FCA proposes price cap for payday lenders

People using payday lenders and other providers of high-cost short-term credit will see the cost of borrowing fall significantly under proposals announced by the Financial Conduct Authority (FCA) today.

The FCA’s proposals for a cap on payday lending mean that from January 2015, for new payday loans, including if they are rolled over, interest and fees must not exceed 0.8% per day of the amount borrowed. Fixed default fees cannot exceed £15 and the overall cost of a payday loan will never exceed 100% of the amount borrowed.

Martin Wheatley, the FCA’s chief executive officer, said:

“For the many people that struggle to repay their payday loans every year this is a giant leap forward. From January next year, if you borrow £100 for 30 days and pay back on time, you will not pay more than £24 in fees and charges and someone taking the same loan for 14 days will pay no more than £11.20. That’s a significant saving.

“For those who struggle with their repayments, we are ensuring that someone borrowing £100 will never pay back more than £200 in any circumstance.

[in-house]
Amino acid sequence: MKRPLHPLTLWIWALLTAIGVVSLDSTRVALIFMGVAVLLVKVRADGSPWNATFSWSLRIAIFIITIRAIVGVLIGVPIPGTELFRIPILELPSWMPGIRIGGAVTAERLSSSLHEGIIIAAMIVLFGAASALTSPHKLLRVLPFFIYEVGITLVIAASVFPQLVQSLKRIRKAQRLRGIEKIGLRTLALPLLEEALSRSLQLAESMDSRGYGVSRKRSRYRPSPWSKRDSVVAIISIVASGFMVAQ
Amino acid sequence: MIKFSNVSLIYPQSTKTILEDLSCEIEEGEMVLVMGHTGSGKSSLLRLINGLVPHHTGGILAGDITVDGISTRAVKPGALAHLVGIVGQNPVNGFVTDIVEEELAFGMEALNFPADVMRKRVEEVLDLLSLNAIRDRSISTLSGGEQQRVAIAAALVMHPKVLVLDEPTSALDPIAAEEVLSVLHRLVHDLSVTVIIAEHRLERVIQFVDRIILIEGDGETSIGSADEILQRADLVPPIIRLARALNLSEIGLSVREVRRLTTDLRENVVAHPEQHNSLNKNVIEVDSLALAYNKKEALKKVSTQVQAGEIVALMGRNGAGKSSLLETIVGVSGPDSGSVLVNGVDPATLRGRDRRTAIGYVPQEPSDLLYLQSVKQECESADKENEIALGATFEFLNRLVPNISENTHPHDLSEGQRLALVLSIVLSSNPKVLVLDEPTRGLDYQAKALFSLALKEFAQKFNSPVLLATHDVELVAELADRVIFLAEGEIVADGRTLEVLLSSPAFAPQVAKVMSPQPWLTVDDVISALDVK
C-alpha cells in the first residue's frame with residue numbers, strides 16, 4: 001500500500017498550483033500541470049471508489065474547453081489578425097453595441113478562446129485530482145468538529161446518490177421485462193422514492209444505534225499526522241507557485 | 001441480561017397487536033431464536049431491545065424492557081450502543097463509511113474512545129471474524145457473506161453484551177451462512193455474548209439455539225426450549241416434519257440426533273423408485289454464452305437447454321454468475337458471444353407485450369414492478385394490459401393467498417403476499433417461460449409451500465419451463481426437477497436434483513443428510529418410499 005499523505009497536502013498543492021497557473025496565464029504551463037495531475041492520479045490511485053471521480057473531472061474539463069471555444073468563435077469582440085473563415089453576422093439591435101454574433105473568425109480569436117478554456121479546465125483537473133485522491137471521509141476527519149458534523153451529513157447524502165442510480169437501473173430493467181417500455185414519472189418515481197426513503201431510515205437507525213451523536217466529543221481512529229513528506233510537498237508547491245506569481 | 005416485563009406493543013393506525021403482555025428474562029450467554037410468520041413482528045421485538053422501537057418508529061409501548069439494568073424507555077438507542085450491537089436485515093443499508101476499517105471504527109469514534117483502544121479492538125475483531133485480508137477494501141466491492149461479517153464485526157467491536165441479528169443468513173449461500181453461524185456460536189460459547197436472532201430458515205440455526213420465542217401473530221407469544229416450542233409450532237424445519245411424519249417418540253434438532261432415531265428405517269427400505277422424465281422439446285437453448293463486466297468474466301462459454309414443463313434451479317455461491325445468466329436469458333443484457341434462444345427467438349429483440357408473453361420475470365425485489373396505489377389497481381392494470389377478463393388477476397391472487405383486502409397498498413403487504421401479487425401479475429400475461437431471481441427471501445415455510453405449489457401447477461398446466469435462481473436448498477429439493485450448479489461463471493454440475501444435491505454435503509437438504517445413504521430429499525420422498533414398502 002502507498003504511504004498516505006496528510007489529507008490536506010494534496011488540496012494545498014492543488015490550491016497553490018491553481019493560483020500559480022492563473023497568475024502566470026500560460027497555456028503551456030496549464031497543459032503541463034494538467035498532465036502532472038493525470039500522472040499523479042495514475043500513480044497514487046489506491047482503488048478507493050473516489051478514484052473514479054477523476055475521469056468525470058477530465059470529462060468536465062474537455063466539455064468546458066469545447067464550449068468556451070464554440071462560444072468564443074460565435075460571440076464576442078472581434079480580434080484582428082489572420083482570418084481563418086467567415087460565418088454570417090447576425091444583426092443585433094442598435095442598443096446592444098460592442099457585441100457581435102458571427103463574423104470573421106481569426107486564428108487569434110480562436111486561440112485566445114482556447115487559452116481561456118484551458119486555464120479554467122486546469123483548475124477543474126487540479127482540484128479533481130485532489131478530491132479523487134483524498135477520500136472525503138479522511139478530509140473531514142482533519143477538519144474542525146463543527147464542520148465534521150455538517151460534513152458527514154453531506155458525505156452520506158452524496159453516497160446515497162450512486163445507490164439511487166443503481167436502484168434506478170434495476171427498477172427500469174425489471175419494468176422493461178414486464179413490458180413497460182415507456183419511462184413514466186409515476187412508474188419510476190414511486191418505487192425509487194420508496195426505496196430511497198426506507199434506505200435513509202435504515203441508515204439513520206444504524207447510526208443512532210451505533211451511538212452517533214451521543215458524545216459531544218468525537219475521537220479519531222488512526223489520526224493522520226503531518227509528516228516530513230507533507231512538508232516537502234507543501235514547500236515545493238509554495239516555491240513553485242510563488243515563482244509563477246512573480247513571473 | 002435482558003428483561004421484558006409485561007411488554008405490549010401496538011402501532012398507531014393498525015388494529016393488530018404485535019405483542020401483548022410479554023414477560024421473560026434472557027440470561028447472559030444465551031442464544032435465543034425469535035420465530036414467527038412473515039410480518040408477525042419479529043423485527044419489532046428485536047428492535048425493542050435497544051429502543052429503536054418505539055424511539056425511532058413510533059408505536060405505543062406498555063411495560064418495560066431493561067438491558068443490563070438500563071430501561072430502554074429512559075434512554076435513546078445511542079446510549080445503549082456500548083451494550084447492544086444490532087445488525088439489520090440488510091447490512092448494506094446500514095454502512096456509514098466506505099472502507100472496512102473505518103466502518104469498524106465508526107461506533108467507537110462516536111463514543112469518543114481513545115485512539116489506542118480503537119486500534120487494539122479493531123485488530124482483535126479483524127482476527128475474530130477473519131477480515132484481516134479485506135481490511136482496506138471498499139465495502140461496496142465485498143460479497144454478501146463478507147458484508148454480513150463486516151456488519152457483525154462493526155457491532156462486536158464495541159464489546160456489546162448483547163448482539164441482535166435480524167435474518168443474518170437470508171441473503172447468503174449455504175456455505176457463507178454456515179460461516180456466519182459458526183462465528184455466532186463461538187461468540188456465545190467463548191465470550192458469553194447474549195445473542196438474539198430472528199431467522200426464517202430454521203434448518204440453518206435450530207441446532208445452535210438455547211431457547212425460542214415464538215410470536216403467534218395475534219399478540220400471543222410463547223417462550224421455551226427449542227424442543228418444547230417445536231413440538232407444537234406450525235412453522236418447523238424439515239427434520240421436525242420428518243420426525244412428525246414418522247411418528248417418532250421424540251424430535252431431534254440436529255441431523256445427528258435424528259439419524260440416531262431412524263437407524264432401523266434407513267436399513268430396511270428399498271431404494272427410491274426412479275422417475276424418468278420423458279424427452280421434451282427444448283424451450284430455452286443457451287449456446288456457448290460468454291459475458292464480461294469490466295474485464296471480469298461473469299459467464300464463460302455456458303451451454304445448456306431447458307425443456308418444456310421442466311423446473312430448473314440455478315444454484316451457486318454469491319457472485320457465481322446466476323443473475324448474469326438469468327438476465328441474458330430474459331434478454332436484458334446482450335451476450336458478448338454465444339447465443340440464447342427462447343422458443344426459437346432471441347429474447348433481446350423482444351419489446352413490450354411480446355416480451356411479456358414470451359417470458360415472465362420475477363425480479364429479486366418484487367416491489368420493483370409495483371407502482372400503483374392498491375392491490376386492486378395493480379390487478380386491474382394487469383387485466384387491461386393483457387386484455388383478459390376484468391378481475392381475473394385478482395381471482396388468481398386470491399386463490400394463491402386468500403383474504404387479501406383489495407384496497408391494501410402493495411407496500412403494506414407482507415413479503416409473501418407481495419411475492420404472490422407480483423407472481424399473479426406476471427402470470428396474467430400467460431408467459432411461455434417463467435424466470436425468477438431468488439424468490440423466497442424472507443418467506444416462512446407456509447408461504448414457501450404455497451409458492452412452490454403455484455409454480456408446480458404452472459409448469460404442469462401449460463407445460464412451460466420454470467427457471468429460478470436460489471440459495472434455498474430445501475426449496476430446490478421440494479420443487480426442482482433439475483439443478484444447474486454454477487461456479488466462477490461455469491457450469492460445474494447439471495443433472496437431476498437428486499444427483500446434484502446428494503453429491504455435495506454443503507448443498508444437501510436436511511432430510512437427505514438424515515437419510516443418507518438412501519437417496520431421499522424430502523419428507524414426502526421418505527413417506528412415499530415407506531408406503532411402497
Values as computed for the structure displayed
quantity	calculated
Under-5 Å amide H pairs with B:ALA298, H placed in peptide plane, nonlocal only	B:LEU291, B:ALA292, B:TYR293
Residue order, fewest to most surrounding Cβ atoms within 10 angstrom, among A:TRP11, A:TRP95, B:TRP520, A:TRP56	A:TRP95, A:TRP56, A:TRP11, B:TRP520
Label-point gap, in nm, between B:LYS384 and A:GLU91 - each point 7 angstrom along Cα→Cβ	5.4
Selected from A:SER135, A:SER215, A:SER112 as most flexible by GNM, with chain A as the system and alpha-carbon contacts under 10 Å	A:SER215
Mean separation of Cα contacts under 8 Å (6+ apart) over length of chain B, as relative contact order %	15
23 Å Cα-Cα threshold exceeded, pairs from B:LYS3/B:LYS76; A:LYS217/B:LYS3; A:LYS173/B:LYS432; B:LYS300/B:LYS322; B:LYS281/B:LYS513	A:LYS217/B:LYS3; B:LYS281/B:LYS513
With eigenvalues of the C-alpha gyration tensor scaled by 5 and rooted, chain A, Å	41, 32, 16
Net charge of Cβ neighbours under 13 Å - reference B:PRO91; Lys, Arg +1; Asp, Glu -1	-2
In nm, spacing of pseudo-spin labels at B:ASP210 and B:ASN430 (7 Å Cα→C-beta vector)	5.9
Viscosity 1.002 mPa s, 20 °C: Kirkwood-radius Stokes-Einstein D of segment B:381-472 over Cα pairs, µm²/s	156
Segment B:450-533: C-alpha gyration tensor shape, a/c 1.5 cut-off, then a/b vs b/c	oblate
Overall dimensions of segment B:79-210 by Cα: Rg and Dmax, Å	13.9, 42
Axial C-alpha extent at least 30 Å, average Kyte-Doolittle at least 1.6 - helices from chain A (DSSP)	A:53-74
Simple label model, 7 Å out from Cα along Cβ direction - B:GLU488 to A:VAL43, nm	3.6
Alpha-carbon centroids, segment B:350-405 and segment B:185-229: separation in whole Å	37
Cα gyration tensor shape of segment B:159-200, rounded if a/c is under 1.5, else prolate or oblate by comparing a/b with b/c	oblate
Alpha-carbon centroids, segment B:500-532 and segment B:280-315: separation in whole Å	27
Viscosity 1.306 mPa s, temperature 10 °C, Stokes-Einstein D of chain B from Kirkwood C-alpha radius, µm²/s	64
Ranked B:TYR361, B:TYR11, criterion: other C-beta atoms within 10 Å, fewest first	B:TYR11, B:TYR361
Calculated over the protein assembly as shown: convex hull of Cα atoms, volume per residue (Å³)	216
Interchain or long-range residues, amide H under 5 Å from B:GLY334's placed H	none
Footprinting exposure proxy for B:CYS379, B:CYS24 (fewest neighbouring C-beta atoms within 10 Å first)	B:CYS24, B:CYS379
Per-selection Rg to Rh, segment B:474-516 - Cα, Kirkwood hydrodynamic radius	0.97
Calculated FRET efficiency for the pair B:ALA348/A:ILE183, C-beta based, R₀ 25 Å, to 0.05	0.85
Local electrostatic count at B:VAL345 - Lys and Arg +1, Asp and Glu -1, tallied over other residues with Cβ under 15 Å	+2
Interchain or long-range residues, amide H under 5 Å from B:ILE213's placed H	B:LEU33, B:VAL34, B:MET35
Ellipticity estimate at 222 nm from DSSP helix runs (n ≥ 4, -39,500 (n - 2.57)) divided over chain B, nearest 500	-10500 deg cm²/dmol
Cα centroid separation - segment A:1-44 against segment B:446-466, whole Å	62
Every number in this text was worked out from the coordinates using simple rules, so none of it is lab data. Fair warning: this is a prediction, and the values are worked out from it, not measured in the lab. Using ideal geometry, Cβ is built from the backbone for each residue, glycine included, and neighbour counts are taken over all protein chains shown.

“There have been many strong and competing views to take into account, but I am confident we have found the right balance.

“Alongside our other new rules for payday firms – affordability tests and limits on rollovers and continuous payment authorities - the cap will help drive up standards in a sector that badly needs to improve how it treats its customers.”

The FCA’s key proposals are as follows:

  1. Initial cost cap of 0.8% per day.  For new loans, or loans rolled over, interest and fees must not exceed 0.8% of the amount borrowed. This lowers the costs for those borrowers paying a daily interest rate above the initial cost cap.
  2. Fixed default fees capped at £15 – Protects borrowers struggling to repay. If borrowers cannot repay their loans on time, fees must not exceed £15. Interest on unpaid balances and default fees must not exceed 0.8% per day of the outstanding amount.  
  3. Total cost cap of 100% - Protects borrowers from escalating debts. Borrowers must never have to pay back more in fees and interest than the amount borrowed.

For most loans in our large sample, firms are currently generating revenue of between 1 and 2% per day from borrowers. We expect that our price cap will have a significant impact for many borrowers on the charges they are incurring and we estimate firms will lose £420m in revenue per year (approx. 42%).  

We estimate that these consumers will save on average £193 per year, translating into £250m annual savings in aggregate[1]

The full proposals and methodology can be found online.

Striking the right balance